4H summer camp wrap up

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Jefferson County's 4H young people enjoyed a variety of day camps for various age groups, and one week-long away camp at Cherry Lake in Madison this summer. The camps, centered around the theme of “Exploring 4H Through Learning By Doing,” promoted positive activities that promoted positive youth development in academic, social and personal areas, in gaining confidence, through better connections with family and peers, through character development and caring and compassion. Here's a look at our 4H camps and what our campers accomplished and learned in each one.

5 to 7-year-old camp
Campers went on field trips to Beau Turner Youth Conservation Center (Fishing) and MaClay Gardens State Park (Swimming). Youth made crafts to fine tune their motor skills and encourage creativity, as well as participating in organized recreation. By midweek, campers participated in three rotations of classes that consisted of My 4-H Clover Craft, Banana Wrap, and Chick Chain Project. After the classes, youth participated in the Green and White Puzzle, Ball and Chain and Musical Chairs.
Another highlight was their visit to the R. J. Bailar Library. Campers heard some awesome storytelling and made a craft. Thanks to the Jefferson County Health Dept., youth participated in Healthiest Weight Florida. The kids learned how to make choices about healthy eating and active living. Our amazing 4-H campers also cooked their very own breakfast on a tin can in the outdoor cookery class. They prepared pancakes, bacon, sausage, eggs, and toast.
Special thanks to our partners for making the camp a success, the Jefferson County R. J. Bailar Public Library, Jefferson County Health Dept., and the Beau Turner Youth Conservation Center.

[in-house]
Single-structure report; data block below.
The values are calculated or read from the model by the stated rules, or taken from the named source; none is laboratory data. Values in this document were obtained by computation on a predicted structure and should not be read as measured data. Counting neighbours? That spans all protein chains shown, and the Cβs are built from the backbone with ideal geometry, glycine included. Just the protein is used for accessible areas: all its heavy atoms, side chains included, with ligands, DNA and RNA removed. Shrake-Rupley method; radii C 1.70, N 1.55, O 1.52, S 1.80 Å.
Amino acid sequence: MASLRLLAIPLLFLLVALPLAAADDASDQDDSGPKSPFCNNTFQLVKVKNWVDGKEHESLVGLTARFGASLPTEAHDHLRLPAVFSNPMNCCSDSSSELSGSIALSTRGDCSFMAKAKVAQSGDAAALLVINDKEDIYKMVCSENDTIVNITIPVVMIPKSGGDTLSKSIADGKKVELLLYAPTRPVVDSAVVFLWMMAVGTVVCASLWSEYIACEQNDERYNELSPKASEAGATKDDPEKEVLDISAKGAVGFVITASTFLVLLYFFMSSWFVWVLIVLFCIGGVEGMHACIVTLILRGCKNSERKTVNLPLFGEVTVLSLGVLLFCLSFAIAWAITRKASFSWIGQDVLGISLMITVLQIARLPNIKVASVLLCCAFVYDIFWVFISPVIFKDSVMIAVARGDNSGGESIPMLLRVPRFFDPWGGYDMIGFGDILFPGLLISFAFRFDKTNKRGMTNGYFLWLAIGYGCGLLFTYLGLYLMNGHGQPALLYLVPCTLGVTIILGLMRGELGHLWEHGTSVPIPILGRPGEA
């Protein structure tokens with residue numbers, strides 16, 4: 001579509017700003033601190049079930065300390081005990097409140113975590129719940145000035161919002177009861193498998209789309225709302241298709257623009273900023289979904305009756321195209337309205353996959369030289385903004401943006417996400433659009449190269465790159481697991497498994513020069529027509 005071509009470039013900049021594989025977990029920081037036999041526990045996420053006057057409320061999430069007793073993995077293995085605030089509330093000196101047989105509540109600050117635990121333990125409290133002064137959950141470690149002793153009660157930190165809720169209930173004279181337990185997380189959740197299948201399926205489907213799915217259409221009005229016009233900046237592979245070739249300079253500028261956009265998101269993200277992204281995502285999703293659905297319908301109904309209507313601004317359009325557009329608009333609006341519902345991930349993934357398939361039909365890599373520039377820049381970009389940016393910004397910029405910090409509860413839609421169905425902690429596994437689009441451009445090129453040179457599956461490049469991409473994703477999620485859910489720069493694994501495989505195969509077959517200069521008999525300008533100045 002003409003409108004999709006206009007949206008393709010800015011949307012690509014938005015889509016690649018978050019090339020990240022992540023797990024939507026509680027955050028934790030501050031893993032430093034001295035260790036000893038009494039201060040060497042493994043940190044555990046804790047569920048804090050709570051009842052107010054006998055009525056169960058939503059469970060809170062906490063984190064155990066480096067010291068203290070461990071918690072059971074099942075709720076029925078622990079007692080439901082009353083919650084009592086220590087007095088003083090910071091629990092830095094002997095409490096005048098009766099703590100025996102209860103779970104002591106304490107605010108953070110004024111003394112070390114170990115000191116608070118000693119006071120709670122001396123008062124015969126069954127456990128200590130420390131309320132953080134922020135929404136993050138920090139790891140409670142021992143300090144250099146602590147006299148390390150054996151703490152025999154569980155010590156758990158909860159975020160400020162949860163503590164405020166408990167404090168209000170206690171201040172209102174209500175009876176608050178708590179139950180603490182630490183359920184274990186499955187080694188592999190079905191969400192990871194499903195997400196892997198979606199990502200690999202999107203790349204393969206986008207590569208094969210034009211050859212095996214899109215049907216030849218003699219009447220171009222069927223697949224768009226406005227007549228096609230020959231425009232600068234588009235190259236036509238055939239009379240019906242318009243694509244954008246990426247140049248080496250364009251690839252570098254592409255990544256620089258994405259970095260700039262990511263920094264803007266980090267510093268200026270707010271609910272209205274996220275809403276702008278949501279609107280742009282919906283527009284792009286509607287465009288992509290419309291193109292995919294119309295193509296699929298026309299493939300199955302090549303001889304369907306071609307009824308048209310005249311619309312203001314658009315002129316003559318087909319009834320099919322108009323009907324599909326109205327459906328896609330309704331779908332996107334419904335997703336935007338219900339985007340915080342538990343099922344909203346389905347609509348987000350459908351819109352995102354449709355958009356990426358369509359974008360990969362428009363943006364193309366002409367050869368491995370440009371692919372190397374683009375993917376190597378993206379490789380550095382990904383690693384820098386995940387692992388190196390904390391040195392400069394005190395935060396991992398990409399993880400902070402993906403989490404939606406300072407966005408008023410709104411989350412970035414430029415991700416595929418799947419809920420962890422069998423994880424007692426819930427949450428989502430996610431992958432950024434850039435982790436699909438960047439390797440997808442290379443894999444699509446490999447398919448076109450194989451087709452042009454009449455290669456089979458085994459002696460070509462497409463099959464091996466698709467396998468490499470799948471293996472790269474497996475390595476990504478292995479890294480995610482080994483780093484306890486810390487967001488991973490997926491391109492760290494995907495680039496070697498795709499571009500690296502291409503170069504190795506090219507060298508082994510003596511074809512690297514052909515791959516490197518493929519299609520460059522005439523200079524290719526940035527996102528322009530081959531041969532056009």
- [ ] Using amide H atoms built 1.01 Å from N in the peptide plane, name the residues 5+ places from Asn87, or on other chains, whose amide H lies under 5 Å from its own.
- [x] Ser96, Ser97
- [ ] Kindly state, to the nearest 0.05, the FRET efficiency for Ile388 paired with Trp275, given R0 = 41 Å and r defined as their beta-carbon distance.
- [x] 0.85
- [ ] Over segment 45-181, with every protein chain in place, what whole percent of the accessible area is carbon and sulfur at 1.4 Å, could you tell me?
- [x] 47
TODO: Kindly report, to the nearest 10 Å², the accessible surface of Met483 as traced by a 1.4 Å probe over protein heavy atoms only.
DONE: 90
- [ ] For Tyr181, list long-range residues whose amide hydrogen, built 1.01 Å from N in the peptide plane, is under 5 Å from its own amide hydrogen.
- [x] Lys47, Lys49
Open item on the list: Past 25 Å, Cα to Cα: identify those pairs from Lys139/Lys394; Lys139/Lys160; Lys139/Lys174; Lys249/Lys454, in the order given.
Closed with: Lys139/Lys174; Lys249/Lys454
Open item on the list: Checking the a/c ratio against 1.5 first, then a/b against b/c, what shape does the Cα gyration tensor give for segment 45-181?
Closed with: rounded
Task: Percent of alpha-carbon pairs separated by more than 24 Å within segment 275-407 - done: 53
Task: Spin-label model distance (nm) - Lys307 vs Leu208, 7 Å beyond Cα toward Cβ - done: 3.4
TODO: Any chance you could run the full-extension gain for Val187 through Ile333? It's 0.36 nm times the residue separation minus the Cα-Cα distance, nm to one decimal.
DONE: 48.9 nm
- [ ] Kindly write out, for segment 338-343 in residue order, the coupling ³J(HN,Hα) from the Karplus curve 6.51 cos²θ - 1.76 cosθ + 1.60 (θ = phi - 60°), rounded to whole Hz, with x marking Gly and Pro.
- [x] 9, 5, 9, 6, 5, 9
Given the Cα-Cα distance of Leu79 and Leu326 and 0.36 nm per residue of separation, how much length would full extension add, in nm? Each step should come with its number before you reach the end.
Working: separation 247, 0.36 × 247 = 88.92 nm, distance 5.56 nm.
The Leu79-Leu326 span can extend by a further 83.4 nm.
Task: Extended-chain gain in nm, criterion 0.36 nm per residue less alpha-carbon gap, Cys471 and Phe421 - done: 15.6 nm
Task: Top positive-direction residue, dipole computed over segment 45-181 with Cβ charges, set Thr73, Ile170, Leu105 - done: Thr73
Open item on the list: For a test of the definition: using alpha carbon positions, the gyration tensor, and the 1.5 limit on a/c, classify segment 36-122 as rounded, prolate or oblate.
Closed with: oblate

8 to 9-year-old camp
The 8-9 year-old day camp was full of fun, excitement, and learning.
Dr. Janice Peters from FAMU Entomology Department and her staff brought exotic insects from around the world. The campers had an opportunity to ID various species of insects and learn about their different habitats, body parts, how they communicate and which insects can walk on water. The 4H campers then put their entomology skills to work, collecting insects at the Extension Office.
Campers went on field trips to Beau Turner Youth Conservation Center (Fishing) and MaClay’s Garden State Park (Swimming). At they North Florida Community College Observatory, they got a mini astronomy lesson as they explored space, as well as learning to operate robotic arms and learning about the mechanisms of drones.
In addition, they learned to set financial goals and to save their money in their handcrafted piggy banks. Dr. Andrea Albertin, UF IFAS Water Resource Regional Specialized Agent, allowed the camper to sein for aquatic insects and plants and later ID them. Dr. Greg Glass, UF Entomologist showed the camper how to tick fish. Campers explored the site fishing for ticks and within 30 minutes caught nine.
Golden Acres Ranch is always a big hit with youth. Can you tell the difference between a kid and a lamb? Jefferson County 4-H campers can! This was one of the first questions that Ms. Golden asked campers as they toured her farm. They put their knowledge to the test and identify goats versus sheep as they continued their tour identifying character traits that distinguished goats from sheep and make an informed educated guess on the animals.
Our very rambunctious 8-9 year campers also visited Walker & Sons Dairy, toured Jefferson County EMS facilities, made ice cream in a bag and went on a health scavenger hunt. On the 4H Nature Trail, they learned how to use GPS to find hidden treasures and participated in the outdoor cookery class.
Special thanks to our partners for making the camp a success, Golden Acres Ranch-LLC, Walker & Sons Dairy, Jefferson County Fire & EMS, Jefferson County Health Dept., North Florida Community College, and the Beau Turner Youth Conservation Center.